A: To say that would be a lie. I struggled with the idea of being in town where so much is happening at the same time and actually being unable to contribute to one of those changes, that for a moment I wondered about the idea of residencies in general. But whilst looking back now there are plenty of new ideas that came into my mind. One of the most predominant being the idea of representation of towns. The ruin porn Detroit is associated with is a great example. The mediatised image of Detroit is – for many outsiders – just that: decay. But one can find completely other images here. So I took to some theories on photograpy, finding Susan Sontag’s ‘On photography’ a great treat again. Robert Frank’s ‘The Americans’ was a great introduction to the way the USA is represented in pictures, whereas jacob Holdt’s work also gave some socio-political input. I guess I will be using some of the pictures I took in Detroit – not completely ruin porn free, see here as nails to hang some stories on.

Q: So photograpy came in, any other things you would like to share here?
A: Well, having been a curator for many public debates on urban planning and having been sent out by Expodium to dive deeper into the urban dillema’s of Detroit I tried to dig up some stories on urban planning in the USA and most notably on that part of the American phenomenon people call suburbanization. But a lot of reading on that matter is awaiting me. I do know however that the notion of the capsular society will play a big role in whatever I come up with. Raging from gated communities via the American lovestory with their cars to the way people plug their headphones in when walking their dog. It seemed to me public sphere in the USA is smaller than I expected and that the car and the life style connnected with cars has a lot to do wit hit.

Q: Well, again those are big ideas, didn’t you do think or do some ‘normal’ stuff?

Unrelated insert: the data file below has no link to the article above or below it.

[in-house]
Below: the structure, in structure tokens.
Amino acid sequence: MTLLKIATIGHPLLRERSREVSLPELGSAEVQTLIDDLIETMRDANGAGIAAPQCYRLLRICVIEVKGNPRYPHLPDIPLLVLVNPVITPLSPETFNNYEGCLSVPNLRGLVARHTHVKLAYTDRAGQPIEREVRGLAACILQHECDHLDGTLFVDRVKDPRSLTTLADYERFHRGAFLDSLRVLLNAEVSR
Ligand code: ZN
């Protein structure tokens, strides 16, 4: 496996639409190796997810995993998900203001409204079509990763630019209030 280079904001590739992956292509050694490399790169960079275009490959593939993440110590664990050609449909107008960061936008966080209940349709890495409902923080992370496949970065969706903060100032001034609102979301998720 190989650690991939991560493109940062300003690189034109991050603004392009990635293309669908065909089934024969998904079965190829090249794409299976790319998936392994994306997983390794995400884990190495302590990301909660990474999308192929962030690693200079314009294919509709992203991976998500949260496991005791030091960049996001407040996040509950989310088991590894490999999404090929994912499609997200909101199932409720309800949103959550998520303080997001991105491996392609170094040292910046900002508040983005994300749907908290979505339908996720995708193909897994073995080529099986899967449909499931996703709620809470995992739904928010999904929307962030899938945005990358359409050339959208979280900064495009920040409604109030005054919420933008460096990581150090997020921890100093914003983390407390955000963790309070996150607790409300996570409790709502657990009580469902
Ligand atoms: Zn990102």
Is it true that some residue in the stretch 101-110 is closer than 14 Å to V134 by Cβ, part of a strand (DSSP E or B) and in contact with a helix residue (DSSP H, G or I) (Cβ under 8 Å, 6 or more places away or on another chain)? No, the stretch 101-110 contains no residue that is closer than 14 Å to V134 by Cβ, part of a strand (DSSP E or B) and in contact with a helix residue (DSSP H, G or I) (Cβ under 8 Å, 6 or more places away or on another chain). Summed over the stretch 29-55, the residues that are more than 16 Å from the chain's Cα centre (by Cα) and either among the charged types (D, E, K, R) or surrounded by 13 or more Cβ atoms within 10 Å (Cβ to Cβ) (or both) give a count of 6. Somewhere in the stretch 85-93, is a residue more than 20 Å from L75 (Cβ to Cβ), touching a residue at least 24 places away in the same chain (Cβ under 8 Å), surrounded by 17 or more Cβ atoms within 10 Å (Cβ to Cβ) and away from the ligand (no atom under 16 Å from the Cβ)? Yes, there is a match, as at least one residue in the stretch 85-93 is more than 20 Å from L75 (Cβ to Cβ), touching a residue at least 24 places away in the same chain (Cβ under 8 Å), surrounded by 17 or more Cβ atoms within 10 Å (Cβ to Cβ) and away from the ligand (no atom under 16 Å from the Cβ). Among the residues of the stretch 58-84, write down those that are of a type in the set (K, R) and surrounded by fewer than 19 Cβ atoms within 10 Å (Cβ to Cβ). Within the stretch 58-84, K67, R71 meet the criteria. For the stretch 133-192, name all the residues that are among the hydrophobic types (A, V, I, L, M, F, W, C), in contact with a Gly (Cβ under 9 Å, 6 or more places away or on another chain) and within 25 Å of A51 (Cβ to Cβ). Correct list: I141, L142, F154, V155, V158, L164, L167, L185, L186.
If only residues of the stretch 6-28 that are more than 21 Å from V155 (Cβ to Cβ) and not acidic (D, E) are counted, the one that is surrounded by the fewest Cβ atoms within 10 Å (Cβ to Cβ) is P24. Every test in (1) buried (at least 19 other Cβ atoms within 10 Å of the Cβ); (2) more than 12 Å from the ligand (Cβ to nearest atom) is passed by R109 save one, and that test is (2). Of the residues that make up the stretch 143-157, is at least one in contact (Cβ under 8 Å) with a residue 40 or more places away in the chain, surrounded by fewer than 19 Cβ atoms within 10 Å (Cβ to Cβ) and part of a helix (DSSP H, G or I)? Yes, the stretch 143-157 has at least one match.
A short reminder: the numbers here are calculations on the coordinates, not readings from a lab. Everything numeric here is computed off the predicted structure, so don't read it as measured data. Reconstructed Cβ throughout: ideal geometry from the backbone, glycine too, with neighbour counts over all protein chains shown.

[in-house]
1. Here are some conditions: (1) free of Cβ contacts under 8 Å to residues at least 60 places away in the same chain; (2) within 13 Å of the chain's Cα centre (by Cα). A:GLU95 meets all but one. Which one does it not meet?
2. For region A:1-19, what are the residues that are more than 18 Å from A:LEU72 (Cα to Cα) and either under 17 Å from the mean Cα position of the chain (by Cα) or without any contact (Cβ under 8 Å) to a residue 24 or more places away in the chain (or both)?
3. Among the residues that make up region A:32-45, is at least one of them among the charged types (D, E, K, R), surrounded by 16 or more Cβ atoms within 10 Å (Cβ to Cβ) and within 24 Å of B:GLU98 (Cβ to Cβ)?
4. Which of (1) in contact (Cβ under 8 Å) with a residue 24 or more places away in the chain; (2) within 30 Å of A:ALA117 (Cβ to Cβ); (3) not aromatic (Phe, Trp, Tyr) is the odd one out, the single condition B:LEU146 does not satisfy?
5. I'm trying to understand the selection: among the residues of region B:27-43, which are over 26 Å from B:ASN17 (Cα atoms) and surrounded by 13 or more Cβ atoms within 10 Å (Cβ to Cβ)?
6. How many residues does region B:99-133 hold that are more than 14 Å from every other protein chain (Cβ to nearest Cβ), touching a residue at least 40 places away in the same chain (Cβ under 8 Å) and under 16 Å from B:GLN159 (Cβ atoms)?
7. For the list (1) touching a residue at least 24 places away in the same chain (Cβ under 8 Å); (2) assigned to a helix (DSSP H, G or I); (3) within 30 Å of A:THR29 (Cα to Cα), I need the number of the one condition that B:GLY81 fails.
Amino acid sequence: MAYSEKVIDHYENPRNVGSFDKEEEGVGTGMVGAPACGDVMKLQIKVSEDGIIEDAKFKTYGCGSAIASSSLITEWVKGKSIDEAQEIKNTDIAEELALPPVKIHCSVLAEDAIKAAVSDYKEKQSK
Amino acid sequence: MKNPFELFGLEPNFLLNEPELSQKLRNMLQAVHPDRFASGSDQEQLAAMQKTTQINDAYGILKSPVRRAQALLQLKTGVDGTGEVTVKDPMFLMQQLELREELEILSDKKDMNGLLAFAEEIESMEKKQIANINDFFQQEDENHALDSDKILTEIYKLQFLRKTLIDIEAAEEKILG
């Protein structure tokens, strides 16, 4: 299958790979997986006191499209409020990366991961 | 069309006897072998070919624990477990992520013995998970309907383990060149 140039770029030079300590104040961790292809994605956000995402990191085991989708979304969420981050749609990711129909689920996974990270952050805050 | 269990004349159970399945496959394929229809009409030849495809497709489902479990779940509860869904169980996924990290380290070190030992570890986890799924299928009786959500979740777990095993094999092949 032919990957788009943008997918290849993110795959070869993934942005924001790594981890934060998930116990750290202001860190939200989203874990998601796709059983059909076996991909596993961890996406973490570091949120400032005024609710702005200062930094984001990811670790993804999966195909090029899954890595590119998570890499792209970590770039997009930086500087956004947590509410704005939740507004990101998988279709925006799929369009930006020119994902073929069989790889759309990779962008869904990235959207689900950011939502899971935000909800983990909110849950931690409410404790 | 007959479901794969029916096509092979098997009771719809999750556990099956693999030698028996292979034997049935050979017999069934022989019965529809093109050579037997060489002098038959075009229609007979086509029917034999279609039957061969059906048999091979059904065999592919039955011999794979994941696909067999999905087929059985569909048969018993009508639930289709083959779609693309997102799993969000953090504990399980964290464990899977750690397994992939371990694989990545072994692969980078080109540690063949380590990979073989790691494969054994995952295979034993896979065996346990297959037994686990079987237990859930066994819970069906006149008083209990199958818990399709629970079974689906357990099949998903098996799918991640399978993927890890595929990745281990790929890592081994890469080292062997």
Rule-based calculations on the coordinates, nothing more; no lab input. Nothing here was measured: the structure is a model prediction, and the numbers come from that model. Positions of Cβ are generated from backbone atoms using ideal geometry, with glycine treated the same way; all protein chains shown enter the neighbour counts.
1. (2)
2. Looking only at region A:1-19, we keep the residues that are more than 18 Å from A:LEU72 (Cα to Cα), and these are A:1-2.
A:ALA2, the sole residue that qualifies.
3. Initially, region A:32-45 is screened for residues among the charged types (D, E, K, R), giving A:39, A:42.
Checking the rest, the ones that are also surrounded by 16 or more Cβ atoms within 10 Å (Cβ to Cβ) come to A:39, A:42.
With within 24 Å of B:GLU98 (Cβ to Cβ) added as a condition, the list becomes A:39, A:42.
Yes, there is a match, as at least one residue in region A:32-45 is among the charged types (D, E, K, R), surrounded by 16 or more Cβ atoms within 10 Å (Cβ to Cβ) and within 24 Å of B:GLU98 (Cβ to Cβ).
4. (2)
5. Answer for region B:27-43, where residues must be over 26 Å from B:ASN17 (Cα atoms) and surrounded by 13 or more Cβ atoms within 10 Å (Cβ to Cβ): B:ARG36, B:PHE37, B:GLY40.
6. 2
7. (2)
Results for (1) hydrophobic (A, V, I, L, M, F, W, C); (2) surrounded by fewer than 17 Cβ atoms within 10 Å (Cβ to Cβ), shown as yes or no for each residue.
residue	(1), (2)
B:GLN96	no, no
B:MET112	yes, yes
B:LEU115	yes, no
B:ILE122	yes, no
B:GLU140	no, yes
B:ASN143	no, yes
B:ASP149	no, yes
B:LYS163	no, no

A: Hell I did. For the first time in my life I saw a roller derby, I dove into the classic soul and rock sounds of Detroit, and I to be honest I also semi-wasted some of my time on seeing some American movies I had never seen before. On topics I had never considered to be my topics for this residency, but here they seemed relevant. So I saw some movies on the Civil War, on slavetrade and the slavery system. And surely did I do some drinking and eating with new found friends here.

Q: Ah, that was a word I was waiting for – friends.
A: I know, you are as sentinemtal a bastard as I am. So I will affirm you, yes, friends. As Detroit gets under your skin, so do people, no? And I met some real nice people here, friends that were interested in me being me, rather in me the resident. I hope they will remain people I am in contact with, for friend stuff and for commenting on the stories I put out afterwards on this residency here.

Q: You don’t ask the questions, I do. So what are your plans for the follow up of this residency?
A: Well, first of all my girlfriend, who came over to visit me here, and me will spend some days in New York. Than we cross the big pond where it is still holiday season. That offers some time for additional reflections on my time here. Than – as I mentioned – I hope to do something with pictures, something with the found ‘scientific’ ideas on what happened here, and combining all that with personal impressions. In the meantime some institutions here and back home are already thinking of some follow up to things I helped put into motion, as a movie series followed with open discussions.

Maybe even the idea of reframing public space as I tried to do with putting some Loesje posters could be one of the things in future. And there’s plenty more, but you’ll read about it on this blog in due time.

Q: Ah, becasue it is continueing?
A: Oh, yes. See you here again, but for now: Happy Holidays!